Rough Riding for Five Minutes a Year

First published

A young rough-rider leaned against the dogging chute at Myrtletord and made a rare admission:

Never a week goes by when some part of me isn't sore.

Then why do you do it?

I don't know. I guess I just like to ride

What keeps you going?

Just beer and instinct.

The taciturn conversation left a great deal unexplained. Why do healthy young men take to professional rodeo riding? There are more than thirty of them on the Australia-wide circuit. They move from town to town like a travelling circus or professional violin players. If they are good they make £1000 a year. If they are very good, and can keep their crutches in the hall cupboatd, they make £1500. So, obviously they are not in it for money. Then why do they do it? They are not buffoons. The intelligence of the average rodeo rider is well above average.

The answer may be in the easy going life, the eternal wandering, the escape from suburban ham-stringing responsibility. And these rodeo riders cut quite a figure in the outback towns. In Mareeba, last year, a man was caught impersonating the champion rough-rider, Wally Woods. Now he was a man well worth impersonating, on a bucking bronco as reliable, as safe as a Bourke Street tram. At Mareeba he was actually bucked off a saddle horse, but for the first time since 1957.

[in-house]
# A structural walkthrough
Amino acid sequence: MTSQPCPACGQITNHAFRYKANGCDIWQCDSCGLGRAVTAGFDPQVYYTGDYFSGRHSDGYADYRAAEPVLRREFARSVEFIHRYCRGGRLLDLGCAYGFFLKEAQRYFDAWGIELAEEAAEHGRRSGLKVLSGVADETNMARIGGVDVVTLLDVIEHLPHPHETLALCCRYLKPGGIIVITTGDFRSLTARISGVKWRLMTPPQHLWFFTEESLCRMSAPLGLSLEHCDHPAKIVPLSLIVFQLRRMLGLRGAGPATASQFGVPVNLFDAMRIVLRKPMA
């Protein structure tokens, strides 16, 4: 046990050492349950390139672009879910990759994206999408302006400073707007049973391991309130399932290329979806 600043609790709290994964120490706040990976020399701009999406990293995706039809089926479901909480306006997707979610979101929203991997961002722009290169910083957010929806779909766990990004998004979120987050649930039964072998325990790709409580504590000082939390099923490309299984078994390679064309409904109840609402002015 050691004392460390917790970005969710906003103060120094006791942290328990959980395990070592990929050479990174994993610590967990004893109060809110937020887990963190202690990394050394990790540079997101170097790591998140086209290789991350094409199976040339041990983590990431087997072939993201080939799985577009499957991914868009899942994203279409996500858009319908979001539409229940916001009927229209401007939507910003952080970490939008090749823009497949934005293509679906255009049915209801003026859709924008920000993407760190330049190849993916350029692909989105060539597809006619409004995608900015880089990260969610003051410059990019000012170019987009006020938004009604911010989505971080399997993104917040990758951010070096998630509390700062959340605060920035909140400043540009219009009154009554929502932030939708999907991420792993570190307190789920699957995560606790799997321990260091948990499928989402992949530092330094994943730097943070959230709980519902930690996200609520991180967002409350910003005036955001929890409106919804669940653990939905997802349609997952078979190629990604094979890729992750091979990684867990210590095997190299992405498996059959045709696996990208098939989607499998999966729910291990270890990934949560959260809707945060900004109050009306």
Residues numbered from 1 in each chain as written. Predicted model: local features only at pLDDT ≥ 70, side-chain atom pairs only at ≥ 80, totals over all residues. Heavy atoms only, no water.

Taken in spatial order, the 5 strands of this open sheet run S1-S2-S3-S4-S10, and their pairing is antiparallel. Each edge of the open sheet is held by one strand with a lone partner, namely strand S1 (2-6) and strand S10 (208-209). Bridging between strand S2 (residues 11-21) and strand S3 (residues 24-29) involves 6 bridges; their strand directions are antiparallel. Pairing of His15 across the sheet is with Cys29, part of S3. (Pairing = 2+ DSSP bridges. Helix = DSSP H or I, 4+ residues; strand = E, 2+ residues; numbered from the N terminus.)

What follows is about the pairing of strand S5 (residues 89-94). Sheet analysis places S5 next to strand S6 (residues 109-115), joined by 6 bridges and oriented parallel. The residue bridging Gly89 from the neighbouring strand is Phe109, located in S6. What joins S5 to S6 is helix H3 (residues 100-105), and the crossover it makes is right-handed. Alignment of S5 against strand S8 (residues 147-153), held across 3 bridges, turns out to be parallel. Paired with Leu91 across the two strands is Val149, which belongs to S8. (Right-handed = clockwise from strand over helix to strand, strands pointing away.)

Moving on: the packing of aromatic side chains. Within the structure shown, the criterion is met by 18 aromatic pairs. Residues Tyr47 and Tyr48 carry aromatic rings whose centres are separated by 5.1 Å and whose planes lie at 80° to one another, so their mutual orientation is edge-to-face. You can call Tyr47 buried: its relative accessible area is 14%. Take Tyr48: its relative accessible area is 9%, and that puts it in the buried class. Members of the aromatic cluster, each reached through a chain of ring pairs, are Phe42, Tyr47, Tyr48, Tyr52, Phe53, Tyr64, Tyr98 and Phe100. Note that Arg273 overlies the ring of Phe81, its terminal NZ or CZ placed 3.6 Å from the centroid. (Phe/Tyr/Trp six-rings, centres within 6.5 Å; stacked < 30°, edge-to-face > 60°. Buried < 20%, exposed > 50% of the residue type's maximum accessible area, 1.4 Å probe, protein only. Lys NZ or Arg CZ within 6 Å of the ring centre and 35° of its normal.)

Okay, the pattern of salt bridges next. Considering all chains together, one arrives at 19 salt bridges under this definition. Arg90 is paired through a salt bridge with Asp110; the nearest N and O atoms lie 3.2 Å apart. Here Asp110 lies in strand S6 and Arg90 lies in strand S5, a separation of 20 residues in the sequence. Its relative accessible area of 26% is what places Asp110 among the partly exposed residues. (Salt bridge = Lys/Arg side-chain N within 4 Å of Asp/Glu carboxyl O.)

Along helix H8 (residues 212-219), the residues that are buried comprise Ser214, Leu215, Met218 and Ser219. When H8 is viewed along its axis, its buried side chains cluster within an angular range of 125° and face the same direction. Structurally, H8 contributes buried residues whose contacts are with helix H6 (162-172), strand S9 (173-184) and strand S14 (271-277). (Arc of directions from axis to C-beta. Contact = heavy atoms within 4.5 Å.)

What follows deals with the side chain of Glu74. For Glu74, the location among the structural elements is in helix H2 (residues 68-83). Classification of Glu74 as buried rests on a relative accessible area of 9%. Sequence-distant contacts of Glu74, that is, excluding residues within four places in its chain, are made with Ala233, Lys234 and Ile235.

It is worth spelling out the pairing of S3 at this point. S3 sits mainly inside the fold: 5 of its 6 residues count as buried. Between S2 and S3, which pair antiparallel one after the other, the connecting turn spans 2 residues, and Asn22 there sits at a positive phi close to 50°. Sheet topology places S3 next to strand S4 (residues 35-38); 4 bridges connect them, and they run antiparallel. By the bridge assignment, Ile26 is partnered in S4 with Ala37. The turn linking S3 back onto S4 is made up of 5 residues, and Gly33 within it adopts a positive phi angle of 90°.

Though they won't admit it there is satisfaction to be had from public adulation; and, talking as a man who has never ridden anything more dangerous than a comfortably enclosed sedan car, what good-looking men they are! You have to admire those snake hips, those flat waists and the easy graceful way they can lean against a veranda post. Mr. Dillon or Maverick compared with them are probationary bank clerks.

But is it worth it? They all say nothing ever happens to them. Greg Russell, at thirty-seven, is the oldest man on the circuit. He's never had much trouble, only a leg broken in two places, his right arm broken three times and various assorted dislocated shoulders and wrists; although there was one young man, Max Hillier of Corryong, who had twenty-two bone breaks by the time he was twenty-one. But you get used to it, like Ken Healy, of Kyabram, who rode at Cootamundra last November with a compound fracture of the thumb. The bone was sticking through the flesh. Also he had a broken rib. Broken ribs are minor irritants in the rough-riding business.